South Africa fight back, but late wickets boost Australia

Port Elizabeth: Dean Elgar played a solid anchor role in an improved South African batting performance before two late wickets swung the balance towards Australia on the first day of the second Test against Australia at St George's Park on Thursday.

Elgar made 83 as South Africa reached 214 for five before bad light ended play.

South Africa’s Dean Elgar is watchful during the first day of the second Test against Australia at St George’s Park, Port Elizabeth yesterday. Pic/AFP

It has been a time of contrasts for the left-handed Elgar, who heard that he would be playing in Port Elizabeth on the same day that he was told his central contract with Cricket South Africa was not being renewed.

"It was disappointing news before a big Test," said Elgar, "but it probably served as added motivation."

In all likelihood Elgar would have batted at number six or seven but he was told on the morning of the match that he would be in his preferred position as opening batsman because Alviro Petersen was ill.

It was the first time in eight Test matches that he had opened but most of his first-class career has been at the top of the order. "I'm more at home opening the batting," he said.

Elgar showed admirable patience during a 192-ball innings but it was a lack of that quality that cost him his wicket and opened the door for Australia, who won the first Test in Centurion by 281 runs.

He had earlier hit off-spinner Nathan Lyon for two sixes but an attempt to hit a third went horribly wrong, with the ball slicing high off the outside half of his bat to cover.

New cap Quinton de Kock also went softly, lofting part-time leg-spinner Steve Smith to mid-off.

On a slow pitch which negated the menace of Mitchell Johnson and his fellow fast bowlers, Lyon was the best of the Australian bowlers, taking two for 47 in 23 overs.

"We thought it was a pretty good day," said Lyon. "We knew it was a slow pitch and we had to work hard. We'll hopefully take the new ball tomorrow, take five quick wickets and get batting."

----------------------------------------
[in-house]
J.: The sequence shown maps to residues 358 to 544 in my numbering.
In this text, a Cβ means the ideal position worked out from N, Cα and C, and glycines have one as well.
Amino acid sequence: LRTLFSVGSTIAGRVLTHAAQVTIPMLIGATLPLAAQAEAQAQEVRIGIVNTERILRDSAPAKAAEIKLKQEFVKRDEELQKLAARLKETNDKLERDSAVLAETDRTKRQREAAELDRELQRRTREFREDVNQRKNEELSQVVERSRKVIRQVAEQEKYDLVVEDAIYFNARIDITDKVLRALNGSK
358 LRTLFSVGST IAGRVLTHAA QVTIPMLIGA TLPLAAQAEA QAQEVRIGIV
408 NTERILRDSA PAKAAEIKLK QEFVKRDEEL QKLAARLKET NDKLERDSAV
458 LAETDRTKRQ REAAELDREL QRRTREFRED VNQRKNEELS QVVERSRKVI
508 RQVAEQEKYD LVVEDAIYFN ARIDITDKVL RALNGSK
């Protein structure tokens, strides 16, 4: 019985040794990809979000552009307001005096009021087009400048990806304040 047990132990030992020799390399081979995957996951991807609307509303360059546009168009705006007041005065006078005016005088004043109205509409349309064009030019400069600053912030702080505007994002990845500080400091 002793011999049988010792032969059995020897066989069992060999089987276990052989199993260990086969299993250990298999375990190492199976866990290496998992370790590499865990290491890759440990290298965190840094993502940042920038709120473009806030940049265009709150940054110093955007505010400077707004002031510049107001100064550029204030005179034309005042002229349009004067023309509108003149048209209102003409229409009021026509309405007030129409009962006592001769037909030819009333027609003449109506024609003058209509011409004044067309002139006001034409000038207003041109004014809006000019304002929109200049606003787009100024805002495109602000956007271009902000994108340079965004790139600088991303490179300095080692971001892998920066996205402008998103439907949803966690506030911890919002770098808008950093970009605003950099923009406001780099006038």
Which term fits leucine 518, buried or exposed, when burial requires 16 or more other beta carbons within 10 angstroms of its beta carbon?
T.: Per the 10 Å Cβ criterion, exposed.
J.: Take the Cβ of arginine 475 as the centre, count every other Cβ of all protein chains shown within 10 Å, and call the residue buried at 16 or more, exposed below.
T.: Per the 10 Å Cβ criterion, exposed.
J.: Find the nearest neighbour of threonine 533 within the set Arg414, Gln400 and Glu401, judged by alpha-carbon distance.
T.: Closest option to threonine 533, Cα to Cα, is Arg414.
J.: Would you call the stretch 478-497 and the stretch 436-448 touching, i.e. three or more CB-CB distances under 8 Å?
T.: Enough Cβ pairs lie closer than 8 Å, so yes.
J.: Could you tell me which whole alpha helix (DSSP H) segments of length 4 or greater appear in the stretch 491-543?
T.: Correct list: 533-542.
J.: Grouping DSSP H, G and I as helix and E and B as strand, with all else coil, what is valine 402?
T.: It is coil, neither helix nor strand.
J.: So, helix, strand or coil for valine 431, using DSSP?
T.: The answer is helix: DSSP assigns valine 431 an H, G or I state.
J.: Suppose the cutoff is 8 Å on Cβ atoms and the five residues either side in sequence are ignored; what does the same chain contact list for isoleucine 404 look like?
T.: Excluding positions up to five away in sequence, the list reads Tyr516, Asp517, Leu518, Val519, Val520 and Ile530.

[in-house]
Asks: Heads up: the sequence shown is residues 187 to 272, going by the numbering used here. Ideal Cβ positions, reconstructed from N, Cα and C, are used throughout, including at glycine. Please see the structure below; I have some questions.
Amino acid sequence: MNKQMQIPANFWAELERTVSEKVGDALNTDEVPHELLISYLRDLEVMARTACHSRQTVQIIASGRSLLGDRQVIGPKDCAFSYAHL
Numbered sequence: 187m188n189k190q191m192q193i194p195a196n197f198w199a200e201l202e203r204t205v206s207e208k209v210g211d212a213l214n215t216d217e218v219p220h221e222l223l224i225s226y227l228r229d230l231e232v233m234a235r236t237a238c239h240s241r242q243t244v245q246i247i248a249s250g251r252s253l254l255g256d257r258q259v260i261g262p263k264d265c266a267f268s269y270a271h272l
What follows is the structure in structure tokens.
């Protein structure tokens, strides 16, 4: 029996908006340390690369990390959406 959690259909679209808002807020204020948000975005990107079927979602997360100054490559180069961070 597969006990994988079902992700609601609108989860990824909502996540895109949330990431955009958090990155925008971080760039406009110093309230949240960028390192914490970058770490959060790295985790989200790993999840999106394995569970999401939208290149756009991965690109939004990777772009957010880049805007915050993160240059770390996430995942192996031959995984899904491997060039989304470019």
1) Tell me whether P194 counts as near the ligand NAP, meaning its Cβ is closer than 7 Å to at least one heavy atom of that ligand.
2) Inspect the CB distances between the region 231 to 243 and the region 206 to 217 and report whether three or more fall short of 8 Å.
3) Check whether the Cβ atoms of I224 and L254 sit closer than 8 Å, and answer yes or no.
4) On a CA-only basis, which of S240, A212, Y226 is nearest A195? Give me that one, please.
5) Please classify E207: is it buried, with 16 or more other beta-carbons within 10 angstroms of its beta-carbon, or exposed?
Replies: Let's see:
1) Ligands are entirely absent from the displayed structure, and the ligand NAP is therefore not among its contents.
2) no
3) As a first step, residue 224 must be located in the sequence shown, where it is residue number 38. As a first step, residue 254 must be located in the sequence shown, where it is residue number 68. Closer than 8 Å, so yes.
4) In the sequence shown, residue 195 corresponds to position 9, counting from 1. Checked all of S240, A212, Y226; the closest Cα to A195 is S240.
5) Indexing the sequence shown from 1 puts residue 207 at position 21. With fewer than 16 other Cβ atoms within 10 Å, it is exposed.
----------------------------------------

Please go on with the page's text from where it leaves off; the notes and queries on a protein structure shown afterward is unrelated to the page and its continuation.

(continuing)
South Africa lost captain Graeme Smith and Hashim Amla inside the first six overs. But Elgar and Faf du Plessis (55) put on 112 for the third wicket - only the second century stand against Australia since the start of their 5-0 Ashes sweep against England earlier in the summer.

Elgar saw Smith and Amla depart before he opened his score off the 20th ball he faced.

But he never lost his composure and handled the pace of first-Test destroyer Johnson with courage and skill, albeit in conditions more batsman-friendly than in the first Test at Centurion.

With seven overs remaining in the day, Australian captain Michael Clarke appeared to want to take the second new ball only to be told by the umpires that the light was not suitable for batsmen to face fast bowling.

AB de Villiers and JP Duminy, South Africa's last two specialist batsmen, will resume on Friday and are likely to have to combat the second new ball.

De Villiers took some time to adjust to the pace of the pitch but finished the day unbeaten on 51.

It was the twelfth consecutive Test in which he had made a half-century or better - a new Test record.

Ryan Harris made the first breakthrough when Smith played across the line and was leg before wicket for nine.

Johnson followed up with his 50th Test wicket in seven matches since the start of the Ashes series against England when Amla was beaten for pace and trapped leg before with a full-pitched delivery.

Elgar and Du Plessis steadied the innings before Du Plessis was out off the first ball of the afternoon drinks break, turning a ball from Lyon into the hands of Steve Smith at short leg.

Elgar was one of three changes to the South African team.

In a surprise move, De Kock, another left-hander, who was not part of the original squad, was flown in and batted at number six, with the selectors opting for a specialist batsman in place of injured all-rounder Ryan McLaren.

Left-arm fast-medium bowler Wayne Parnell replaced left-arm spinner Robin Peterson.

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